Rowyn (rowyn) wrote,

Pacing and PBEM

Both PBEMs I've been in had no formal limit on posting. In both of them had phases where the list generated 100+ posts per day. (I don't think either ever hit 200 in a day, but I wouldn't swear to it.) koogrr called it "drinking from the firehose." terrycloth once described it as 'the tendency for PBEM to eat your life'.

I actually enjoy having my real life consumed by a fantasy one, but I recognize that not everyone does. (Lut, for example, dislikes having my RL overwritten by my VR. =D )

There are various factors that are likely to make my next game naturally have less traffic than the previous ones:

* I'm likely to set aside hours where I won't be posting -- probably from 8 or 9PM to 7AM CDT. This will ensure that Lut has my attention for a few non-sleeping hours every day. :) This won't be hard-and-fast -- I might toss off quick emails just before bed -- but I won't be spending four hours every night writing email for the game, either. Which, um, I have been known to do in the past. ^_^;;

* Since the game will only encompass 24 hours +/- of in-game time, I expect little if any time-bubbling. When Honored stopped having time-bubbles, list traffic dropped from 150+ emails per day to 30-. There were other factors lowering traffic on Honored at that time, though.

* There'll be fewer PCs in this game than in Honored (which started with six) or +Terrible Butterflies+ (which started with five). I'm expecting to cap this game at four PCs and there's a reasonable chance I'll run with fewer than that. I may have other people playing NPC-ish roles if I get any volunteers for that. I'll talk about this more in a separate post.

Another point to bear in mind: "number of posts per day" is the easiest metric to pull out, but it's not the most accurate one to describe volume. Some PBEM posts set scenes or contained responses to several different previous posts, and these might have several hundred words of new text. Others were only a sentence. I'd guess that the typical PBEM message is about the same length as a typical pose on a MUCK -- maybe a hundred words. I'm thinking that a hundred posts would be about equivalent to a chapter in a book or a short MUCK log.

To sum up: I really don't know what sort of traffic my next game will generate. The issues posed by traffic levels vary, too, depending on player habits and expectations (both IC and OOC). Some examples to consider:

* X, Y and Z are having an active conversation one evening when they're all at their computers. A fourth PC, played by A, is technically in the scene but for whatever reason he's not checking his email so his PC isn't talking. The ensuing conversation is similar to a MUCK log, with each comment in its own post. The next morning, A checks his email and sees 90 new messages. If you are A, will this bother you?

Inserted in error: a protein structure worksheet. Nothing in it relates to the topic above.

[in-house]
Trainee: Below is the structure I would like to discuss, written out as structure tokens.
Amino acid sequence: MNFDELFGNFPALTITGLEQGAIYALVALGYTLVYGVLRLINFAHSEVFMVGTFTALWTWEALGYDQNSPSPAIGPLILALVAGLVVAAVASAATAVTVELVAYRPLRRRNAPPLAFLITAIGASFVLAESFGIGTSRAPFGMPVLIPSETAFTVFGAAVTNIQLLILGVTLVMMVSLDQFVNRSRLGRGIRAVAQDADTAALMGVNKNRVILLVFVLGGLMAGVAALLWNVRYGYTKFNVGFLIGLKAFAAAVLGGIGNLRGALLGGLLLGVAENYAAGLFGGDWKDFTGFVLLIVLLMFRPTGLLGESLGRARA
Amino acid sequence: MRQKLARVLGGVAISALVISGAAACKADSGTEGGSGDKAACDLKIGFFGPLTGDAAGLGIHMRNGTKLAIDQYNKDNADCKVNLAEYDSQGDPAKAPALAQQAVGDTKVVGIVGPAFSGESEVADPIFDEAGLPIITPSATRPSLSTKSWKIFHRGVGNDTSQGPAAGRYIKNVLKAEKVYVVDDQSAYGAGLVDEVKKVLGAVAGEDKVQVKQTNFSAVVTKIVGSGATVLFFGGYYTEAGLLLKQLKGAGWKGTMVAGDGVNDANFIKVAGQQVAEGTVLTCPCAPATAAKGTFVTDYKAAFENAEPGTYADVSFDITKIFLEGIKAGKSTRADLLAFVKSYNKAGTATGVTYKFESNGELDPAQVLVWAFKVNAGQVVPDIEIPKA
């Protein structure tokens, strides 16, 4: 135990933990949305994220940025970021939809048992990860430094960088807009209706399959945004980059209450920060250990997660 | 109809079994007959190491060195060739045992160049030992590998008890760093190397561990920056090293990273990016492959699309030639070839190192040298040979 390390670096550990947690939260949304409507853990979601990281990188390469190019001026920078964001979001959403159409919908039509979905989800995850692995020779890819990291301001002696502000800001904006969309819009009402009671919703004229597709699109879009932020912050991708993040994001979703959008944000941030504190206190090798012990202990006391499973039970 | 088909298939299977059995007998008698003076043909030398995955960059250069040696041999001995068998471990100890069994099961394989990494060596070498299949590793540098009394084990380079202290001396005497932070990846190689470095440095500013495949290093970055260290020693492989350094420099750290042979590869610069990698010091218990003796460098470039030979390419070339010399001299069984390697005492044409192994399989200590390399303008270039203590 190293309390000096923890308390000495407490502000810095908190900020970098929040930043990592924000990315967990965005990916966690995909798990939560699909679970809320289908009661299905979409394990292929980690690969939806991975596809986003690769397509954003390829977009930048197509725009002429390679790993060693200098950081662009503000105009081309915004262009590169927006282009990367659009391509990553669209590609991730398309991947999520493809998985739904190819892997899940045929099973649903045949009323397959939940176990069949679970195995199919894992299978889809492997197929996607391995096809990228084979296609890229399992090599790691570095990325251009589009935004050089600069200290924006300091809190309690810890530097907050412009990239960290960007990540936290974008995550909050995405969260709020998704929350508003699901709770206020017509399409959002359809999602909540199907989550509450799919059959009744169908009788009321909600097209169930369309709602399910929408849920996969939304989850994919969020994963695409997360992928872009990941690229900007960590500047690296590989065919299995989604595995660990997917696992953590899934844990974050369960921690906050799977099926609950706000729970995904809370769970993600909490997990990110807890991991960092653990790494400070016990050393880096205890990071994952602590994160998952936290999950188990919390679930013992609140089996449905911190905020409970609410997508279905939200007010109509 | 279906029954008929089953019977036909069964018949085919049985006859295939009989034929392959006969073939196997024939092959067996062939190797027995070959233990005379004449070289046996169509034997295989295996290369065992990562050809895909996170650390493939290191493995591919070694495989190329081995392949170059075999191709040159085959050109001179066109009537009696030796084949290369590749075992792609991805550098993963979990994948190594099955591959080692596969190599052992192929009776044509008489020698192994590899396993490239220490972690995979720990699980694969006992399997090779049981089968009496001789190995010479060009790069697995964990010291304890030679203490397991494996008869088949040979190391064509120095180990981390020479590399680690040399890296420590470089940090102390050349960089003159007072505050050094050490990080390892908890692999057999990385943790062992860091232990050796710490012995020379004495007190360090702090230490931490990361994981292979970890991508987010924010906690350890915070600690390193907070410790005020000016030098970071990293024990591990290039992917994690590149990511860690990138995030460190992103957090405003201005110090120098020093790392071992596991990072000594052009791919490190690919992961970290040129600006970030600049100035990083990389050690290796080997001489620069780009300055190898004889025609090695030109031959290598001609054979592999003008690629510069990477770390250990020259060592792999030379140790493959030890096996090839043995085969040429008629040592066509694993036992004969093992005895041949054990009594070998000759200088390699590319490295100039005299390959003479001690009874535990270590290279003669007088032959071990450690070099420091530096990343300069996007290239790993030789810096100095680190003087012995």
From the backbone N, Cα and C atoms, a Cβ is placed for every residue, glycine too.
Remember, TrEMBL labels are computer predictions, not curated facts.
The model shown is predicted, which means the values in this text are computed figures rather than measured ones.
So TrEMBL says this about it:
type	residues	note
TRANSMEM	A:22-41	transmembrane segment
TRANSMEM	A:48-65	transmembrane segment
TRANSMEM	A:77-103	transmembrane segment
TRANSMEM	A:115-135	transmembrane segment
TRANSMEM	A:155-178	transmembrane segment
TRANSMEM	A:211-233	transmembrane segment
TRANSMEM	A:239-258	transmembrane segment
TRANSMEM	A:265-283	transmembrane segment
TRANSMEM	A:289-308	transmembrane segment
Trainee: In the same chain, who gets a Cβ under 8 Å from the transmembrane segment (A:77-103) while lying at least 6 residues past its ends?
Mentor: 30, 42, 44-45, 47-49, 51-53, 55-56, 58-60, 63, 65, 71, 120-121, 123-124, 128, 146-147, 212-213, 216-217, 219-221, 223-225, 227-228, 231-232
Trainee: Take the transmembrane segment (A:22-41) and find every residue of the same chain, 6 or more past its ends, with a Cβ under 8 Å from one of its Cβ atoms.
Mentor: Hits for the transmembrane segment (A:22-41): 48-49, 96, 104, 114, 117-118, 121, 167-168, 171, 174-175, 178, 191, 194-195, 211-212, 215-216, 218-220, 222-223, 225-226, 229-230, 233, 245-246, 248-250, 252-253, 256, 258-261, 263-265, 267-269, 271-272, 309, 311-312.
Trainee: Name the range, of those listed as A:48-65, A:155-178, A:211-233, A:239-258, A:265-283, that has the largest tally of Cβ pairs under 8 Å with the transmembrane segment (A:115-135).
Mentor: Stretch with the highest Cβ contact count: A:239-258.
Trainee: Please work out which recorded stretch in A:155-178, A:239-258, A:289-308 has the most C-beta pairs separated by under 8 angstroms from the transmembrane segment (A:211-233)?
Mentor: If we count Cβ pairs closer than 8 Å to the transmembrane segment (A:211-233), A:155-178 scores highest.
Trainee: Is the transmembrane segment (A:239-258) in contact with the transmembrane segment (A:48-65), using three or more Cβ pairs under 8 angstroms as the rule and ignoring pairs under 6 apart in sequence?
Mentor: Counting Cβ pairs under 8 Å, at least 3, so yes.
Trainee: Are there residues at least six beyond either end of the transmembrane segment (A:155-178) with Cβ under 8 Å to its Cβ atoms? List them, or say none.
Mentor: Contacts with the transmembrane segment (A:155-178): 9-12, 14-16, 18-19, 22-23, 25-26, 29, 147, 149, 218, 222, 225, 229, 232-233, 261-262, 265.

* A responds to 20 of the messages from the flurry last night, inserting his PC into the conversation and re-starting some discussions that X, Y and Z had settled. If you are X, Y or Z, will this bother you?

* The party leader goes with the plan X, Y and Z worked out the night before. The GM starts responding as if it were unfolding, even though X and Y would like to change the plan based on A's insights. Is this a problem?

* Does your reaction vary based on the time lapsed? For example, what if the conversation between X, Y and Z takes place over three days, and then A responds, as opposed to responding 10 hours later? Does it matter if A is regularly delayed in responding, or if this is a rare occurence? Likewise, does it matter if X, Y and Z are often much more active than A or if that only happens now and again?

* Examples of how IC expectations can impact this: if A is playing a PC who has no background in the subject X, Y and Z were discussing, A will care less that he "missed" the conversation than he would if his PC were the party expert. If X's PC is a very cautious sort who hates taking action without thorough consideration first, he will probably be happier about having A extend the conversation than he would if his PC were impatient and eager to get to the action.

I want to note that feeling some or all of these things could be annoying is perfectly reasonable and normal. Yes, it's a game and it would be lovely if all of us could be sublimely indifferent to all of its quirks and oddities, but the truth is if we didn't care about such things we probably wouldn't care about playing at all.

What I want to do now is try to set expectations of what's "normal". Some possible questions for those thinking of playing: what volume of traffic do you think would be too much? Just right? Not enough? (You can answer in terms of either "for the whole list" or "per participant", whichever you feel is more accurate.) If traffic on the list goes over what you consider "too much", how would you want to resolve that? What if it's too little? How much of a concern to you is this likely to pose -- ie, would you be okay if you're making one post a day while others do ten, or vice versa?*

I know that some of you have little experience with PBEMs, so this is asking for guesses in the dark. And the truth is even people with some experience aren't going to know what will work this game. So I'm not going to be surprised or offended if you get into playing and find your feelings change. This isn't the final word, but a starting place. Also, if some of you are thinking "10 posts a day is too many" and others "less than 30 is too few", then I'll know now it's probably better not to put you in the same game together. :)

* You don't have to answer all of these, and feel free to make comments on any related topics. I'll answer these questions myself in a later comment to this post, but I want other people to give their answers first so they'll have slightly less bias. :)
Tags: gaming, pbem, rpg

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